"Not so easy as it looks."
"How much do you suppose they get--think they must get as much as a dollar and a half a day for doing that? I'd do it for a dollar, if I could," averred the irrepressible Teddy Tucker.
"They get a good many more dollars than that, Teddy. I've heard that some of them get all of twenty-five or thirty dollars a week."
Phil's companion whistled.
The next act was a bareback riding exhibition, by a pretty, graceful young woman whom the ringmaster introduced as Mademoiselle Mora.
At the crack of the whip she sprang lightly to the back of the gray old ring horse and began a series of feats that made the boys sit forward in their seats.
At the conclusion of the act Mademoiselle Mora ran out to the edge of the ring, and blowing a kiss at the blushing Phil, tripped away on fairy feet for the dressing tent.
"Did you see her? She bowed to me?" exclaimed Teddy enthusiastically.
"Guess she didn't see you at all, young man," replied Mrs. Cahill dryly. "There's others in the tent besides you, even if the ringmaster did crack his whip in your face and just miss your nose."
A clown came out and sang a song about a boy who had rescued a beautiful young woman from a runaway horse and got kidnaped by an elephant. The song made a hit, for most of the audience understood that it referred to Phil Forrest.
And so the performance went on, with a glitter and a crash, a haze of yellow dust hanging like a golden cloud in the afternoon sun, over spectators and performers alike.
"Hello, there's Rod!" exclaimed Teddy.
"Rod. The red-haired kid we saw this morning, only his hair is black now. He's covered up his own looks so he won't set the tent on fire."
"Oh, you mean Rodney Palmer? Yes, I guess that is he."
"See, they're pulling him up on a rope. I wonder where he is going?"
"To those flying rings," explained Phil. "And there is a young woman going up, too."
One after another was pulled up, until a troupe of four had ascended and swung off to the rings that were suspended far up there in the haze.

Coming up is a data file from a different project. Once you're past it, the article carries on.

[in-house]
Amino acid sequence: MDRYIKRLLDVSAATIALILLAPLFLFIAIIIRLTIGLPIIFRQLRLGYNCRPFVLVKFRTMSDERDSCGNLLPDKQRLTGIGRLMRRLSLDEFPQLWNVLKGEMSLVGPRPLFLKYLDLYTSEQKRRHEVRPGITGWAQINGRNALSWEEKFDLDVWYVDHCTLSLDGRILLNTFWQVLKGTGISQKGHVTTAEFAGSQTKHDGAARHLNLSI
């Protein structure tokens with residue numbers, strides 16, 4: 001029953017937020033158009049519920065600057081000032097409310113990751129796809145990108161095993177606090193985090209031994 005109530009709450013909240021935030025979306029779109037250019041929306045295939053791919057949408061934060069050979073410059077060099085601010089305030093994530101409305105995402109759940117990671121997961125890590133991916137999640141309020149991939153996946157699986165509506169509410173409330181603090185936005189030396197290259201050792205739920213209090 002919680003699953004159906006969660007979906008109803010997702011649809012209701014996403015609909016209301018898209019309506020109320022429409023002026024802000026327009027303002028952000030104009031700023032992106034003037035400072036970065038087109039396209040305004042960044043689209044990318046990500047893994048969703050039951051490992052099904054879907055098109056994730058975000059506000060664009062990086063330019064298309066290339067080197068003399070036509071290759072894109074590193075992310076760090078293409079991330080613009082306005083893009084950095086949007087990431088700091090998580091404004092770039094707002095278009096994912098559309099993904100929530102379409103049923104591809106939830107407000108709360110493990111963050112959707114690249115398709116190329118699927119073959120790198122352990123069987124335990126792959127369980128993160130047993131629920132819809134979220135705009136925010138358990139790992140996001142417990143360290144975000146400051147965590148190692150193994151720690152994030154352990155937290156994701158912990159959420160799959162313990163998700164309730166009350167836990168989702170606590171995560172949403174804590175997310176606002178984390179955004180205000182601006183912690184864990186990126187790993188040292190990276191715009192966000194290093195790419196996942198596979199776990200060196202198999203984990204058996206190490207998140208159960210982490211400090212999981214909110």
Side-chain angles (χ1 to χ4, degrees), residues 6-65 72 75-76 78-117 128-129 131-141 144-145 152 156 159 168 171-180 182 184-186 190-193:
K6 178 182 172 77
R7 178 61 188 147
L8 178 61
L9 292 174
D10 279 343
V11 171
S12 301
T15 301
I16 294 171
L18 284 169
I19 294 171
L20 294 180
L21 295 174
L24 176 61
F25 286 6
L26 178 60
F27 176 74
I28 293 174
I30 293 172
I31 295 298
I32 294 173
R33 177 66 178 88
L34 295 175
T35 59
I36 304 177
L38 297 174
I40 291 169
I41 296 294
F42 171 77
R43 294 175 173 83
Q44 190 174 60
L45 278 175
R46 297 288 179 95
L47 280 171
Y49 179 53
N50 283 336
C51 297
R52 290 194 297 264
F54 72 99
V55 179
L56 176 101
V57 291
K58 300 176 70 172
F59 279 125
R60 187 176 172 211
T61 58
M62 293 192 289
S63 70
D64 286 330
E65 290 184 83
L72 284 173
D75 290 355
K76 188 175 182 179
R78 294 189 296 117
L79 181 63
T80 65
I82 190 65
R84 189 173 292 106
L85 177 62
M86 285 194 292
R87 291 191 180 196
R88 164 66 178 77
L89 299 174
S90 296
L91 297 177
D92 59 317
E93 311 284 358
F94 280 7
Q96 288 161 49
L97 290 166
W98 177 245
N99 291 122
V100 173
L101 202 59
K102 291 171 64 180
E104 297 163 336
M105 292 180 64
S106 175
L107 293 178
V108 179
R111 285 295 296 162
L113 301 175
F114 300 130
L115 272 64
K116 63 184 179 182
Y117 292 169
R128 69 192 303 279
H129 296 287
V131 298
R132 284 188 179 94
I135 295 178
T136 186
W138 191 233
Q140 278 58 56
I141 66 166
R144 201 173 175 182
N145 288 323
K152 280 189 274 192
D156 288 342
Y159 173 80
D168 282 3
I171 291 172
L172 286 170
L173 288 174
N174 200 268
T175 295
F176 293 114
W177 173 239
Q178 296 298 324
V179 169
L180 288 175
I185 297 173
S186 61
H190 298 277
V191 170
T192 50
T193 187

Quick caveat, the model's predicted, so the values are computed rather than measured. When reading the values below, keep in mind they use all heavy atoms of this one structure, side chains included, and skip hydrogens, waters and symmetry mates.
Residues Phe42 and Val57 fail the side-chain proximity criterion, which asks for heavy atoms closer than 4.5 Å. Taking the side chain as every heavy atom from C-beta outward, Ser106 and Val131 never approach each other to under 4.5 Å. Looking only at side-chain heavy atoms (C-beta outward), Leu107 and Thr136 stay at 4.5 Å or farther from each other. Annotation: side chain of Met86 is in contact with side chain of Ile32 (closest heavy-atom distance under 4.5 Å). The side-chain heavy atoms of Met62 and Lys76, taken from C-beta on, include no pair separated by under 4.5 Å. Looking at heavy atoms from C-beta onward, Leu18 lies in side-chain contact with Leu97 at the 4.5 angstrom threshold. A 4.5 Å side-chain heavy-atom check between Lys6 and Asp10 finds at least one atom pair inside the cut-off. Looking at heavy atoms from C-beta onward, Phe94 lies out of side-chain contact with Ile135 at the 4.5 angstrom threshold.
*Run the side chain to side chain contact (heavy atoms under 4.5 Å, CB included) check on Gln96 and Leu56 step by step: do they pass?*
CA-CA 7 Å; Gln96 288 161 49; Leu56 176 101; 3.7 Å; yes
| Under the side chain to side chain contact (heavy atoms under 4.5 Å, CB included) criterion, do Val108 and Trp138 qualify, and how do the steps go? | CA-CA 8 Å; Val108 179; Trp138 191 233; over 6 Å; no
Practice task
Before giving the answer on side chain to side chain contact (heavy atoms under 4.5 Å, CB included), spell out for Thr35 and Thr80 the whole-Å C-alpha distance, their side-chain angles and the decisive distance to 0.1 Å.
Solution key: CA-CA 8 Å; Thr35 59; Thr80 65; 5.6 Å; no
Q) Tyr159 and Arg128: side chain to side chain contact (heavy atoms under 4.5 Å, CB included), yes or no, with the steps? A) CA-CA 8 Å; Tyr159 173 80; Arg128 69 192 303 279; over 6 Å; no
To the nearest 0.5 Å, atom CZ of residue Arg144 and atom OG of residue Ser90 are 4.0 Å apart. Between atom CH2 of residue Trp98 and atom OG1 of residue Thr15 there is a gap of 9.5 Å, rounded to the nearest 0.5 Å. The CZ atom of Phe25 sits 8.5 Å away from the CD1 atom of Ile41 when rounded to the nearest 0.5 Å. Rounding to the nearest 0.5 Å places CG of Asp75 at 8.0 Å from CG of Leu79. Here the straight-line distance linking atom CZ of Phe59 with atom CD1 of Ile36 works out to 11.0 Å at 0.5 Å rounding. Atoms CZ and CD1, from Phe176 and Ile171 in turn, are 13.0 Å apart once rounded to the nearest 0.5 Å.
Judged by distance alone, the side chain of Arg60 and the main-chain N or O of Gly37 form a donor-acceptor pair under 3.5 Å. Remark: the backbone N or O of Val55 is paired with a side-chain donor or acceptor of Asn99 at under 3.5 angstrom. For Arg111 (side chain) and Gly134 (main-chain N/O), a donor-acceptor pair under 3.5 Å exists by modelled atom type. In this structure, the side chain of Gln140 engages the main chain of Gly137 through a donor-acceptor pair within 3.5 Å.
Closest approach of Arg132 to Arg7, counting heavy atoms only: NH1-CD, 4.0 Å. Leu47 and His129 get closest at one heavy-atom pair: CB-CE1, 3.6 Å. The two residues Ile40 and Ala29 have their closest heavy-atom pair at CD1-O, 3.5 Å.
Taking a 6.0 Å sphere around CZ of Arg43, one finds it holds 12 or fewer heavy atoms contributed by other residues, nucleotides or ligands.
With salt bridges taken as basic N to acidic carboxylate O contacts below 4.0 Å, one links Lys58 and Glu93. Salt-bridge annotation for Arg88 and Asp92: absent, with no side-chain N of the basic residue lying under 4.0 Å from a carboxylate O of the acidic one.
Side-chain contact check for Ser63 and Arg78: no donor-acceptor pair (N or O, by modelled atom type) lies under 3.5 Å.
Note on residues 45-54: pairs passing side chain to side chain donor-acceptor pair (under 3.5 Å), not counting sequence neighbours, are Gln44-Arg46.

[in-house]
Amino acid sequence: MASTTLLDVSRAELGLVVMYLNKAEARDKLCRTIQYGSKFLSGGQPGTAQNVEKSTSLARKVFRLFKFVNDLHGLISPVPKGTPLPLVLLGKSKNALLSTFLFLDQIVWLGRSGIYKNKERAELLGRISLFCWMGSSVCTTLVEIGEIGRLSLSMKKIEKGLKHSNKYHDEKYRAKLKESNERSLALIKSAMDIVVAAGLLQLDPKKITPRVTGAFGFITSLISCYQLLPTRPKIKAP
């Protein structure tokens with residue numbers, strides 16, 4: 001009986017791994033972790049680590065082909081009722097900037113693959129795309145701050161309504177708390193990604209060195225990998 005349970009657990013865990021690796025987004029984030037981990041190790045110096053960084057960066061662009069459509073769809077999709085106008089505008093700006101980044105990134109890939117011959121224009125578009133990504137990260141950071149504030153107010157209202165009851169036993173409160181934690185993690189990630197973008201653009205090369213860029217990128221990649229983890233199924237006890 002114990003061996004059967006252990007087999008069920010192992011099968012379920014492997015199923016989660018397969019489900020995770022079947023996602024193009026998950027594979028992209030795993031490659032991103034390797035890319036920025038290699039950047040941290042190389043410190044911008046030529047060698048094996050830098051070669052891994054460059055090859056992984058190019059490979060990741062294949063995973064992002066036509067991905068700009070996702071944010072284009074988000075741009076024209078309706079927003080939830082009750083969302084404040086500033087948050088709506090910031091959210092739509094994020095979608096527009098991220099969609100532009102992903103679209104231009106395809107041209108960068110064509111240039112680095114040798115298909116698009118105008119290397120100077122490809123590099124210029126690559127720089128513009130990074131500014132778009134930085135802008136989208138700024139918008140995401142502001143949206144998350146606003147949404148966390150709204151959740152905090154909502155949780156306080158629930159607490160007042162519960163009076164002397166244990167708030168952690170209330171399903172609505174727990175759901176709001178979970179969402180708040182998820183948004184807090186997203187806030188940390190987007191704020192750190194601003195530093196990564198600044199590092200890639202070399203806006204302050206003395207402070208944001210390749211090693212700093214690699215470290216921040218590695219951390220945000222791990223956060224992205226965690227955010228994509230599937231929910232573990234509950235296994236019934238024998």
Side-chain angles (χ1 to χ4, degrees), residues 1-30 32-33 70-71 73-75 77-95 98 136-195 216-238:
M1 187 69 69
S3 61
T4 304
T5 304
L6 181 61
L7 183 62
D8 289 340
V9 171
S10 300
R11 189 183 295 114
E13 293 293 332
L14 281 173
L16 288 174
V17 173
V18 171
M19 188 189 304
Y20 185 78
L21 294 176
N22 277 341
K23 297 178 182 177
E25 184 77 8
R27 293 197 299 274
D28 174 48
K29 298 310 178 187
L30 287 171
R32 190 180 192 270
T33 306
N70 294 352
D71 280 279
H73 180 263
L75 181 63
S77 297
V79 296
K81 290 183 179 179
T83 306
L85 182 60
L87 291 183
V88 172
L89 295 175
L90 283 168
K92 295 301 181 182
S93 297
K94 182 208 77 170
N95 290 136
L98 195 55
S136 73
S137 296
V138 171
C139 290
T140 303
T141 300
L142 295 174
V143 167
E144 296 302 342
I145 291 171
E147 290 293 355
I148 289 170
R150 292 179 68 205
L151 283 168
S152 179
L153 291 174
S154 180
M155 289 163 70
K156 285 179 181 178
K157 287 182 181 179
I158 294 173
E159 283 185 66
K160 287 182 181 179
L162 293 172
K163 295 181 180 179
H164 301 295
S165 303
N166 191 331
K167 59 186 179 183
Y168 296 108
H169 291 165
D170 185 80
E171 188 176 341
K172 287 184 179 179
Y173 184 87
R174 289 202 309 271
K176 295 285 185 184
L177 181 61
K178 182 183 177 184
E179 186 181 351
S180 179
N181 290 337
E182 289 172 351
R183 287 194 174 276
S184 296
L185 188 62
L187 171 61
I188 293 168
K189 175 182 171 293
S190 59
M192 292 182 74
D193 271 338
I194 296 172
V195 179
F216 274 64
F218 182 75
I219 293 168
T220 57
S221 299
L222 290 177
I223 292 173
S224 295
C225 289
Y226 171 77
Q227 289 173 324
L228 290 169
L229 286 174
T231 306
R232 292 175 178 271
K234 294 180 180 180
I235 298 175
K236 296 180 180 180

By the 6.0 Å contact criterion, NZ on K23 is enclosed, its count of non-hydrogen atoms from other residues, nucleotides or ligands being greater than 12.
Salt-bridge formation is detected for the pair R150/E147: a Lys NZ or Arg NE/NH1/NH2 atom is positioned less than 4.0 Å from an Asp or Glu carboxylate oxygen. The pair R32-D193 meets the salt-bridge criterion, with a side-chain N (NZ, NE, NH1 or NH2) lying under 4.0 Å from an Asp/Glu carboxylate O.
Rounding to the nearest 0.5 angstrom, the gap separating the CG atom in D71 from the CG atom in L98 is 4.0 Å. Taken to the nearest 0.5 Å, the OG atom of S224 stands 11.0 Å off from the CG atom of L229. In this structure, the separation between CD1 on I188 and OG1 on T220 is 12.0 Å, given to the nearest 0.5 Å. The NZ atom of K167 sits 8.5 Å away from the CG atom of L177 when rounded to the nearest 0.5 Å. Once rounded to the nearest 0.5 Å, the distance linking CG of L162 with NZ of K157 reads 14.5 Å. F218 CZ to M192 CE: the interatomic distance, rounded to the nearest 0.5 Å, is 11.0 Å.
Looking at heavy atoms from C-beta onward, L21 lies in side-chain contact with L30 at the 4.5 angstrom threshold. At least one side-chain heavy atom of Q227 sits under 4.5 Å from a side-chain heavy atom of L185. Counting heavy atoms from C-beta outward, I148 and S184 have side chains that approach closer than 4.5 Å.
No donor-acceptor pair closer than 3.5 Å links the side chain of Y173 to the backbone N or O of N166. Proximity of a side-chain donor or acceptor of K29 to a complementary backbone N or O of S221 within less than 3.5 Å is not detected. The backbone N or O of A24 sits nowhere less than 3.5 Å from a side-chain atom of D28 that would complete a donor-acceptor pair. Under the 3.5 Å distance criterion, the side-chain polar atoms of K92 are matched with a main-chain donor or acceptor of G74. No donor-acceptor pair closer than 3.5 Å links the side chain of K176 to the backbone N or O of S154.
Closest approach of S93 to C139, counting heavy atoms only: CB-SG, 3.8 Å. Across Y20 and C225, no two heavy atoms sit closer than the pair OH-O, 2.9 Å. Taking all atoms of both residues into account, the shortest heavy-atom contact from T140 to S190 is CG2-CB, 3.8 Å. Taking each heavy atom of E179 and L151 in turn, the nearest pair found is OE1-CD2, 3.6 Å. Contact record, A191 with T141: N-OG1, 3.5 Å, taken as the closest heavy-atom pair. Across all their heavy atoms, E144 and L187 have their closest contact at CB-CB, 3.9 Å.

Both Phil and Teddy were more than ordinarily interested in this act, for they were no mean performers on the rings themselves. In the schoolyard an apparatus had been rigged with flying rings, and on this the boys had practiced untiringly during the spring months, until they had both become quite proficient.
"Isn't he great?" breathed Teddy, as Rodney Palmer swung out into the air, letting his legs slip through the rings until only his toes were hanging to the slender support.
"Yes; he certainly does do it fine."
"We can do it just as well."
"Perhaps, but not so gracefully."
"See, he's swinging his hand at us."
Sure enough, Rodney had picked out the two lads, and was smiling at them and waving a hand in their direction. The two lads felt very proud of this, knowing as they did that they were the envy of every boy of their acquaintance within sight of them.
The climax of the act was when the young woman seemed to plunge straight down toward the ground.
The women in the audience uttered sharp little cries of alarm. But the performer was not falling. Strong slender ropes had been fastened to her heels, the other ends being held by one of the performers who was hanging from the rings.
As a result the falling girl's flight was checked just before she reached the ground and the spectators breathed a sigh of profound relief.
"My, that was great! I wouldn't want to do that."
"No, you're too heavy, Teddy. That's why they have a girl do it. She is slender and light--"
"I'd be light headed."
"Guess, I would, too," laughed Phil.
At this juncture an attendant came running up the steps, halting before the lads.
"Are you Phil Forrest?" he asked.
"The boss wants to see you."
"Mr. Sparling? All right. I wanted to see the rest of the show, but I'll go." Phil rose reluctantly and followed the guide. "I'll meet you by the ticket wagon if I don't get back here, Teddy," he said.